86. To snatch from the simple people this consolation of joining their voice
to the voice of the whole Church is a custom contrary to the apostolic practice
and to the intention of God.
87. A method full of wisdom light, and charity is to give souls time for
bearing with humility. and for experiencing their state of sin, for seeking the
spirit of penance and contrition, and for beginning at least to satisfy the
justice of God, before they are reconciled.
88. We are ignorant of what sin is and of what true penance is, when we wish
to be restored at once to the possession of the goods of which sin has despoiled
us, and when we refuse to endure the confusion of that separation.
89. The fourteenth step in the conversion of a sinner is that, after he has
already been reconciled, he has the right of assisting at the Sacrifice of the
90. The Church has the authority to excommunicate, so that it may exercise it
through the first pastors with the consent, at least presumed, of the whole
91. The fear of an unjust excommunication should never hinder us from
fulfilling our duty; never are we separated from the Church, even when by the
wickedness of men we seem to be expelled from it, as long as we are attached to
God, to Jesus Christ, and to the Church herself by charity.
92. To suffer in peace an excommunication and an unjust anathema rather than
betray truth, is to imitate St. Paul; far be it from rebelling against authority
or of destroying unity.
93 Jesus sometimes heals the wounds which the precipitous haste of the first
pastors inflicted without His command. Jesus restored what they, with
inconsidered zeal, cut off.
94. Nothing engenders a worse opinion of the Church among her enemies than to
see exercised there an absolute rule over the faith of the faithful, and to see
divisions fostered because of matters which do not violate faith or morals.
95. Truths have descended to this, that they are, as it were, a foreign
tongue to most Christians, and the manner of preaching them is, as it were, an
unknown idiom, so remote is the manner of preaching from the simplicity of the
apostles. and so much above the common grasp of the faithful; nor is there
sufficient advertence to the fact that this defect is one of the greatest
visible signs of the weakening of the Church and of the wrath of God on His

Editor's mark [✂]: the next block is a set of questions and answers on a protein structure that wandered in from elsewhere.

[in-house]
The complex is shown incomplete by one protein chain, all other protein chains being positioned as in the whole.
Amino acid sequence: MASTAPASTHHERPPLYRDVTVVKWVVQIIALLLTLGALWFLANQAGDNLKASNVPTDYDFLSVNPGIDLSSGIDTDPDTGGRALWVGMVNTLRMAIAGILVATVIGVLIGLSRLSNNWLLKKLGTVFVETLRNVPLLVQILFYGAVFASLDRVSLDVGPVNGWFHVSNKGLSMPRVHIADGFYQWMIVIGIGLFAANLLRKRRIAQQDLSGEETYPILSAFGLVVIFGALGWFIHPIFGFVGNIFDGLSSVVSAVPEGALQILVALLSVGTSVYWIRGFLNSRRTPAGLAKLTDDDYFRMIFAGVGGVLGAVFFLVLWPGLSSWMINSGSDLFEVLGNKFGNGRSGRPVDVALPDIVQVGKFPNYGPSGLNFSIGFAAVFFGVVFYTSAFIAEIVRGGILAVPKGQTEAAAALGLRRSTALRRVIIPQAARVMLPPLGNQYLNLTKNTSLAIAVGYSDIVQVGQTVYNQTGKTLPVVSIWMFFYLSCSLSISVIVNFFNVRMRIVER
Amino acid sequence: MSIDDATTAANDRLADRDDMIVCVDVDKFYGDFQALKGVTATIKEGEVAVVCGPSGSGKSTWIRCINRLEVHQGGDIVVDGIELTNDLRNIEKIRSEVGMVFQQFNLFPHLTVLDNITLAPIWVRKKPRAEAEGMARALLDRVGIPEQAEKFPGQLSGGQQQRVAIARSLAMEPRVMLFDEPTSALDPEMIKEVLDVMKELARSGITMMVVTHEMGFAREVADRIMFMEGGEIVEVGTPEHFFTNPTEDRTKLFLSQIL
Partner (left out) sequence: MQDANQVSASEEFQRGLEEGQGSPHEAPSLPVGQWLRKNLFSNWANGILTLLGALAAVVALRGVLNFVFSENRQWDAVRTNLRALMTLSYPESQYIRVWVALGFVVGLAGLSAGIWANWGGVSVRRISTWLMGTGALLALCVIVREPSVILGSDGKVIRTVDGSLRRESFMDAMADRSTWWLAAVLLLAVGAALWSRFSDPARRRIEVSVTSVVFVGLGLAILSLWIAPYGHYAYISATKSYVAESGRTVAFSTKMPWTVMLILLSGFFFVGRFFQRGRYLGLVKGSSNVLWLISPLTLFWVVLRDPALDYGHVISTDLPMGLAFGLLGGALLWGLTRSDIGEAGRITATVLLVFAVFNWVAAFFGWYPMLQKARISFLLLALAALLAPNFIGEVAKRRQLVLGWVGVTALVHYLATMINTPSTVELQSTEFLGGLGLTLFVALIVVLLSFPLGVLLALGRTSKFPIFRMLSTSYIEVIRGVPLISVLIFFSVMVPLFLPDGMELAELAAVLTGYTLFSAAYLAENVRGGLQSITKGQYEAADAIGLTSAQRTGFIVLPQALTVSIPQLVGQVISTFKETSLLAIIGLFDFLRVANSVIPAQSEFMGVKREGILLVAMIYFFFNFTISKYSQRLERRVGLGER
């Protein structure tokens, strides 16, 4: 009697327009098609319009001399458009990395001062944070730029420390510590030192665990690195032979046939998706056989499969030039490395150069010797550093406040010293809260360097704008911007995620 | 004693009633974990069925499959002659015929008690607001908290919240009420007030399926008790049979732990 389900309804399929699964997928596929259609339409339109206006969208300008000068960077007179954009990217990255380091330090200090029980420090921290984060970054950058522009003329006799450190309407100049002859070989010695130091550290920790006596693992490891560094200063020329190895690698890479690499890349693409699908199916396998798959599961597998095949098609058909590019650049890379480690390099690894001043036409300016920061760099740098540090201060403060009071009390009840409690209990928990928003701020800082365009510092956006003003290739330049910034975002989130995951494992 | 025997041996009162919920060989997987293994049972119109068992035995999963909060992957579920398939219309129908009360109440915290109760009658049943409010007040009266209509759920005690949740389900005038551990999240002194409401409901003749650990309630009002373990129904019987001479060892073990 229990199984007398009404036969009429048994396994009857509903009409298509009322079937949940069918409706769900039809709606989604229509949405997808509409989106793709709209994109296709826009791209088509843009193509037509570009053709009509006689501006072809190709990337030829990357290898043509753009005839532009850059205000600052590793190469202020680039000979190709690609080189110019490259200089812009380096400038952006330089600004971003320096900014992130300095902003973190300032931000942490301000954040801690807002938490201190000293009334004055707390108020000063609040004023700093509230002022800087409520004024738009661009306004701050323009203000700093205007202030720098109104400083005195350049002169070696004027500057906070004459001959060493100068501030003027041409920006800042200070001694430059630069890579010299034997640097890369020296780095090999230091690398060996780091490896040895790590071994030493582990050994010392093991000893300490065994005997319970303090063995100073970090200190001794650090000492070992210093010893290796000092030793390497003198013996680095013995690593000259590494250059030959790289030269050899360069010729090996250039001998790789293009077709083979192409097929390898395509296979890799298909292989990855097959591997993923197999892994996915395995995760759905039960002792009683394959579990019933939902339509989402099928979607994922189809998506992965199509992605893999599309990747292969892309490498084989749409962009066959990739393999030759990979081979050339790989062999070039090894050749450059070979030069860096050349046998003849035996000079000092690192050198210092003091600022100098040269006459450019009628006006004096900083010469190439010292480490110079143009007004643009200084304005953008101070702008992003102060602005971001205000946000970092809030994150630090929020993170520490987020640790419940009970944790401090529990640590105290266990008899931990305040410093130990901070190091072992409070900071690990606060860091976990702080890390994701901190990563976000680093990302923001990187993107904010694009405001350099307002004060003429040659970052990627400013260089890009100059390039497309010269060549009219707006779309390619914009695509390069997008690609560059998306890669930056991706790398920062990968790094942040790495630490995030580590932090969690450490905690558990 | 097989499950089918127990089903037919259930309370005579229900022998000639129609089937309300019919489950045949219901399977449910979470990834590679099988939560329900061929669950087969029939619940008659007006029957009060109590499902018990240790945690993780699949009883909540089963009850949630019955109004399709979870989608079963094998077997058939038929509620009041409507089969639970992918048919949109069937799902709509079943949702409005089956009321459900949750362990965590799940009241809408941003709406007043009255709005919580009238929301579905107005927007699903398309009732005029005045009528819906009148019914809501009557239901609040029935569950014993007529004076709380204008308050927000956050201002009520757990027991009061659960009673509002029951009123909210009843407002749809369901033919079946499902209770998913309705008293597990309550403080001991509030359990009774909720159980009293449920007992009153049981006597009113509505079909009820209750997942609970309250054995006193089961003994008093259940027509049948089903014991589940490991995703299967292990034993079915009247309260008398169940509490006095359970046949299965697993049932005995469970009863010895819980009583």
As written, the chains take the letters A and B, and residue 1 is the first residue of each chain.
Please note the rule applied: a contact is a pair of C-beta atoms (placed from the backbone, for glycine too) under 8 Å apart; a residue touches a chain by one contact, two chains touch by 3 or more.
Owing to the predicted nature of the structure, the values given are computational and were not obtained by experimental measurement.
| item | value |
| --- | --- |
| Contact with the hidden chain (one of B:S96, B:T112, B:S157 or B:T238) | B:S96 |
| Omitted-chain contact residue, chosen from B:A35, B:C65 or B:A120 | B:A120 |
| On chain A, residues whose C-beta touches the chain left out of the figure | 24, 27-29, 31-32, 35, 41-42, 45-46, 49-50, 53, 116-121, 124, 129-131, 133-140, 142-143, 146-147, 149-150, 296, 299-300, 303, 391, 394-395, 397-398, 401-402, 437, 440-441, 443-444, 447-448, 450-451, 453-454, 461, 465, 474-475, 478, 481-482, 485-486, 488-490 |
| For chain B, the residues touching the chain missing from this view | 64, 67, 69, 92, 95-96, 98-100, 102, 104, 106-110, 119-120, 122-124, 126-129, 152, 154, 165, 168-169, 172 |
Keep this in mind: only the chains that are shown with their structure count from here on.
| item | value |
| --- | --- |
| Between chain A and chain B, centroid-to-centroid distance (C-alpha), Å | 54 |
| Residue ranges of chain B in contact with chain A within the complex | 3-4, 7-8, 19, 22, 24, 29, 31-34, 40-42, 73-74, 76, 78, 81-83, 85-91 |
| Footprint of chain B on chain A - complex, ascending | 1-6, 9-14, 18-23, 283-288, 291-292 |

96. God permits that all powers be opposed to the preachers of truth, so that
its victory cannot be attributed to anyone except to divine grace.
97. Too often it happens that those members, who are united to the Church
more holily and more strictly, are looked down upon, and treated as if they were
unworthy of being in the Church, or as if they were separated from Her; but,
"the just man liveth by faith" [Rom. 1:17], and not by the opinion of
98. The state of persecution and of punishment which anyone endures as a
disgraceful and impious heretic, is generally the final trial and is especially
meritorious, inasmuch as it makes a man more conformable to Jesus Christ.
99. Stubbornness, investigation, and obstinacy in being unwilling either to
examine something or to acknowledge that one has been deceived daily changes
into an odor, as it were, of death, for many people, that which God has placed
in His Church to be an odor of life within it, for instance, good books,
instructions, holy examples, etc.
100. Deplorable is the time in which God is believed to be honored by
persecution of the truth and its disciples! This time has come.... To be
considered and treated by the ministers of religion as impious and unworthy of
all commerce with God, as a putrid member capable of corrupting everything in
the society of saints, is to pious men a more terrible death than the death of
the body. In vain does anyone flatter himself on the purity of his intentions
and on a certain zeal for religion, when he persecutes honest men with fire and
sword, if he is blinded by his own passion or carried away by that of another on
account of which he does not want to examine anything. We frequently believe
that we arc sacrificing an impious man to God, when we are sacrificing a servant
of God to the devil.
101. Nothing is more opposed to the spirit of God and to the doctrine of
Jesus Christ than to swear common oaths in Church, because this is to multiply
occasions of perjury, to lay snares for the weak and inexperienced, and to cause
the name and truth of God to serve sometimes the plan of the wicked.
Declared and condemned as false, captious, evil-sounding, offensive to pious
ears, scandalous, pernicious, rash, injurious to the Church and her practice,
insulting not only to the Church but also the secular powers seditious, impious,
blasphemous, suspected of heresy, and smacking of heresy itself, and, besides,
favoring heretics and heresies, and also schisms, erroneous, close to heresy,
many times condemned, and finally heretical, clearly renewing many heresies
respectively and most especially those which are contained in the infamous
propositions of Jansen, and indeed accepted in that sense in which these have
1 DuPl III, II 462 ff.: coll. Viva II I ff.; CIC Rcht II 140
ff.; BR(T) 21, 569 b ff.; MBR 8, 119 a ff. Variant, doubtful, and corrected
readings are according to the first Gallic text which DuPl, l.c., presents-Paschasius
Quesnel was born on July 14, 1634. After completing his studies in the Sorbonne
in 1657, he entered the Congregation of the Oratory; but because of his zeal for
the heresy of Jansenism, he was forced to leave the congregation. His book,
"Reflections morales," was condemned, to which the
Constitution, "Unigenitus," is related. Shortly before his
death on Dec. 2, 1719, he made a profession of faith publicly [Hrt, sec. rec.
II2 822 ff].
2 This dogmatic constitution was confirmed by the same
Clement XI in the Bull "Pastoralis Officii" (Aug. 28, 1718)
against the Appellantes, in which he declares that certain Catholics
"who did not accept the Bull "Unigenitus" were clearly
outside the bosom of the Roman Church; by Innocent XIII in a decree published on
Jan. 8, 1722; by Benedict XIII and the Roman Synod in 1725; by Benedict XIV in
the encyclical, "Ex omnibus Christiani orbis regionibus" on
Oct. 16, 1756; it was accepted by the Gallic clergy in assemblies in 1723, 1726,
1730, by the councils of Avignon 1725 and Ebred, 1727, and by the whole Catholic